Charlotte-Mecklenburg Storm Water Services (CMSWS) protects and improves the surface water quality of more than 3,000 miles of streams and numerous acres of lakes, ponds and wetlands. Unfortunately many of these surface waters have degraded water quality, habitat and aquatic life largely due to the impacts of historical stormwater management practices and urbanization. The majority of streams in Charlotte-Mecklenburg are designated by the state as “impaired”, meaning that they are not clean enough to support swimming, fishing, or diverse and abundant aquatic life.
CMSWS implements some of the most innovative surface water quality management programs in North Carolina, some which have been awarded national recognition. All of them are focused on the goal of improving the quality and usability of our surface waters such as streams and lakes. Information about these programs is organized on this surface water quality tab as follows:
Monitoring: Monitoring techniques, the quality of local stream and lakes, and swimming and fish advisories
Watershed Improvement: Watershed planning, stream and wetland restoration, mitigation banking, and pollution control programs
Watershed Protection: Soil erosion and sediment control, the Post Construction Stormwater Control Ordinance, Best Management Practices, protection of buffers and floodplains
Illegal Discharges: Programs that find, respond to, reduce and correct pollution sources for surface waters
Pollution Prevention: Pollution prevention information for residents, businesses, employees, and multi-family housing complexes
Education and Outreach:
Resources and outreach programs that educate the community about stormwater and surface water quality
Volunteer: Programs for residents to get involved in preventing stormwater pollution and improving streams and lakes.
Many of these surface water quality programs are driven by NPDES Municipal Separate Storm Sewer System (MS4) regulations. The
Federal NPDES regulations are part of the 1972 Clean Water Act and are administered by the State of North Carolina.
NPDES MS4 regulations require the following public entities to obtain permits to discharge stormwater: City of Charlotte, Mecklenburg County, the Towns of Cornelius, Davidson, Huntersville, Matthews, Mint Hill, Pineville, Charlotte-Mecklenburg Schools and Central Piedmont Community College. These entities are subject to these regulations because of population numbers and densities. The City of Charlotte is considered a Phase I permittee because it has over 100,000 residents within its jurisdiction. The rest of the above jurisdictions are Phase II permittees because they are within an urbanized area as defined by the U.S. Census.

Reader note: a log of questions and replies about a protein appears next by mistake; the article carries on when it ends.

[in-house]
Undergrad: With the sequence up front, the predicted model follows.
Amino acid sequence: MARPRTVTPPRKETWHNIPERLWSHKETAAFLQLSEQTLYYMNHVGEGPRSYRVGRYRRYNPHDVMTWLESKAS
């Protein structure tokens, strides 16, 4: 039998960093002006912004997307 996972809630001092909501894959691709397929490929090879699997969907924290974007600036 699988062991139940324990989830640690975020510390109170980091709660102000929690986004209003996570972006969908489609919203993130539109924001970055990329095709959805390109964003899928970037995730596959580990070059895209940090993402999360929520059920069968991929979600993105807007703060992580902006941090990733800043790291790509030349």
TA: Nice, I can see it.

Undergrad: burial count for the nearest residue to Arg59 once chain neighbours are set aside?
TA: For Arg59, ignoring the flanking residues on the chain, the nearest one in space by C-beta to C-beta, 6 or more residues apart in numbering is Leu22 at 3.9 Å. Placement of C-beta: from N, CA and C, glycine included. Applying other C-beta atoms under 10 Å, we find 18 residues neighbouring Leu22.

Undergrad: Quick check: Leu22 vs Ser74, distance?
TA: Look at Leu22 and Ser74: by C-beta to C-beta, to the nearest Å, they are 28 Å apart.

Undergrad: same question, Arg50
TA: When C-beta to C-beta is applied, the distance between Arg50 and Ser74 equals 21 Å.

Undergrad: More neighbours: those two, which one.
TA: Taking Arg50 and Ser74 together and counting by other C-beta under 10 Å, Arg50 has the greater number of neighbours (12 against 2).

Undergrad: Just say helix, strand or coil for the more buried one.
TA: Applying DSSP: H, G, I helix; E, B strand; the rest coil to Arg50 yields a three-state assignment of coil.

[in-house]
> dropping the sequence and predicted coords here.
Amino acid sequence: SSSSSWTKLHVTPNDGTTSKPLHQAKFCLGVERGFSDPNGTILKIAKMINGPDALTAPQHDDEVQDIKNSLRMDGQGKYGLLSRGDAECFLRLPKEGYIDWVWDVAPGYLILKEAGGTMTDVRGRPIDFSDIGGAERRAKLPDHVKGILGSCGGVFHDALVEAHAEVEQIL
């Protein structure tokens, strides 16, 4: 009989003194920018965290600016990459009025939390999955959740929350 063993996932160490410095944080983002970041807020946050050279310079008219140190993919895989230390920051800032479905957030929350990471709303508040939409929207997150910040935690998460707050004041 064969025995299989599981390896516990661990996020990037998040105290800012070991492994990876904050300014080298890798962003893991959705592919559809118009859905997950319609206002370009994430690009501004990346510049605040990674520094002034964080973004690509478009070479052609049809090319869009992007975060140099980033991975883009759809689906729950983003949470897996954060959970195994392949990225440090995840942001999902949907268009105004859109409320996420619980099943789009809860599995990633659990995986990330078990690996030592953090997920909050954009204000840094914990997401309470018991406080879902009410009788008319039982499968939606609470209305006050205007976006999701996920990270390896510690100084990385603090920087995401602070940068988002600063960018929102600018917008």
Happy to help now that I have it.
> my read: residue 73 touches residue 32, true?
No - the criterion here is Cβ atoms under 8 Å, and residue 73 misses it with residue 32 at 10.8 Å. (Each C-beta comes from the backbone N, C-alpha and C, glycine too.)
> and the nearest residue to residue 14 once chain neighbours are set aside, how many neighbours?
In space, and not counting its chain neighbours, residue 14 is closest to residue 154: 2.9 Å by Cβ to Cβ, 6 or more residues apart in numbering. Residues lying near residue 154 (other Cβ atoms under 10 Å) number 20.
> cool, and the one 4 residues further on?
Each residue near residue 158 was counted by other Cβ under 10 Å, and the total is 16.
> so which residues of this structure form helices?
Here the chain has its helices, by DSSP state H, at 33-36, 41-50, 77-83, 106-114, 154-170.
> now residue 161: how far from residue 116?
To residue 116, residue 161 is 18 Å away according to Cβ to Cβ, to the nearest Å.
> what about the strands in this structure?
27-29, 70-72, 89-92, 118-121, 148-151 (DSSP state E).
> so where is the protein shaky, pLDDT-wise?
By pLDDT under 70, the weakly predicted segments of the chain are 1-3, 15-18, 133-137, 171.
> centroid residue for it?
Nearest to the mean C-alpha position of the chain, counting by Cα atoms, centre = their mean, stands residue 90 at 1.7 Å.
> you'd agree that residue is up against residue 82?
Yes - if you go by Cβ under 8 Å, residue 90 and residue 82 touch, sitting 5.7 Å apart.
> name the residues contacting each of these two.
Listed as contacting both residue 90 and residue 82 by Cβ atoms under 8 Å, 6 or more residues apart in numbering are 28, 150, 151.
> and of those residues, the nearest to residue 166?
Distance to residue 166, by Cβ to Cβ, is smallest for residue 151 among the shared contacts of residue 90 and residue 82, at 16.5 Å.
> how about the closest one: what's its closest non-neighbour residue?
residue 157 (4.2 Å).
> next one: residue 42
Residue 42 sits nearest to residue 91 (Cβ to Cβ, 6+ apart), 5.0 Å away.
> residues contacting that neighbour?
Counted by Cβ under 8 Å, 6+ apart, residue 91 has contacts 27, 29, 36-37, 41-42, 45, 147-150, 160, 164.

Requirements for Phase I and Phase II permittees are slightly different, but each applies for a permit that is issued by the state for a five year term. This permit requires the permittees to develop a Storm Water Management Plan (SWMP) that outlines how the permittee(s) will implement the following six minimum measures to reduce stormwater pollution:
Public Education and Outreach
Public Participation and Involvement
Illicit Discharge Detection and Elimination
Construction Site Runoff Control
Post-Construction Runoff Control
Municipal Pollution Prevention and Good Housekeeping
The City also has the following additional permit requirements:
Industrial Facilities Evaluation and Monitoring
Water Quality Assessment and Monitoring
Phase I Permit – City of Charlotte
Questions or comments about the Phase I Permit? Contact:
City of Charlotte NPDES Program Supervisor
Phase II Permit –
Mecklenburg County holds a joint permit with Charlotte-Mecklenburg Schools, Central Piedmont Community College and the Towns of Cornelius, Davidson, Huntersville, Matthews, Mint Hill and Pineville. They work together on permit requirements so compliance activities are cost-effective and consistent across the region. All of these public entities are subject to NPDES MS4 Phase II regulations.
Questions or comments about the Phase II Permit? Contact:
Mecklenburg County Water Quality Program Manager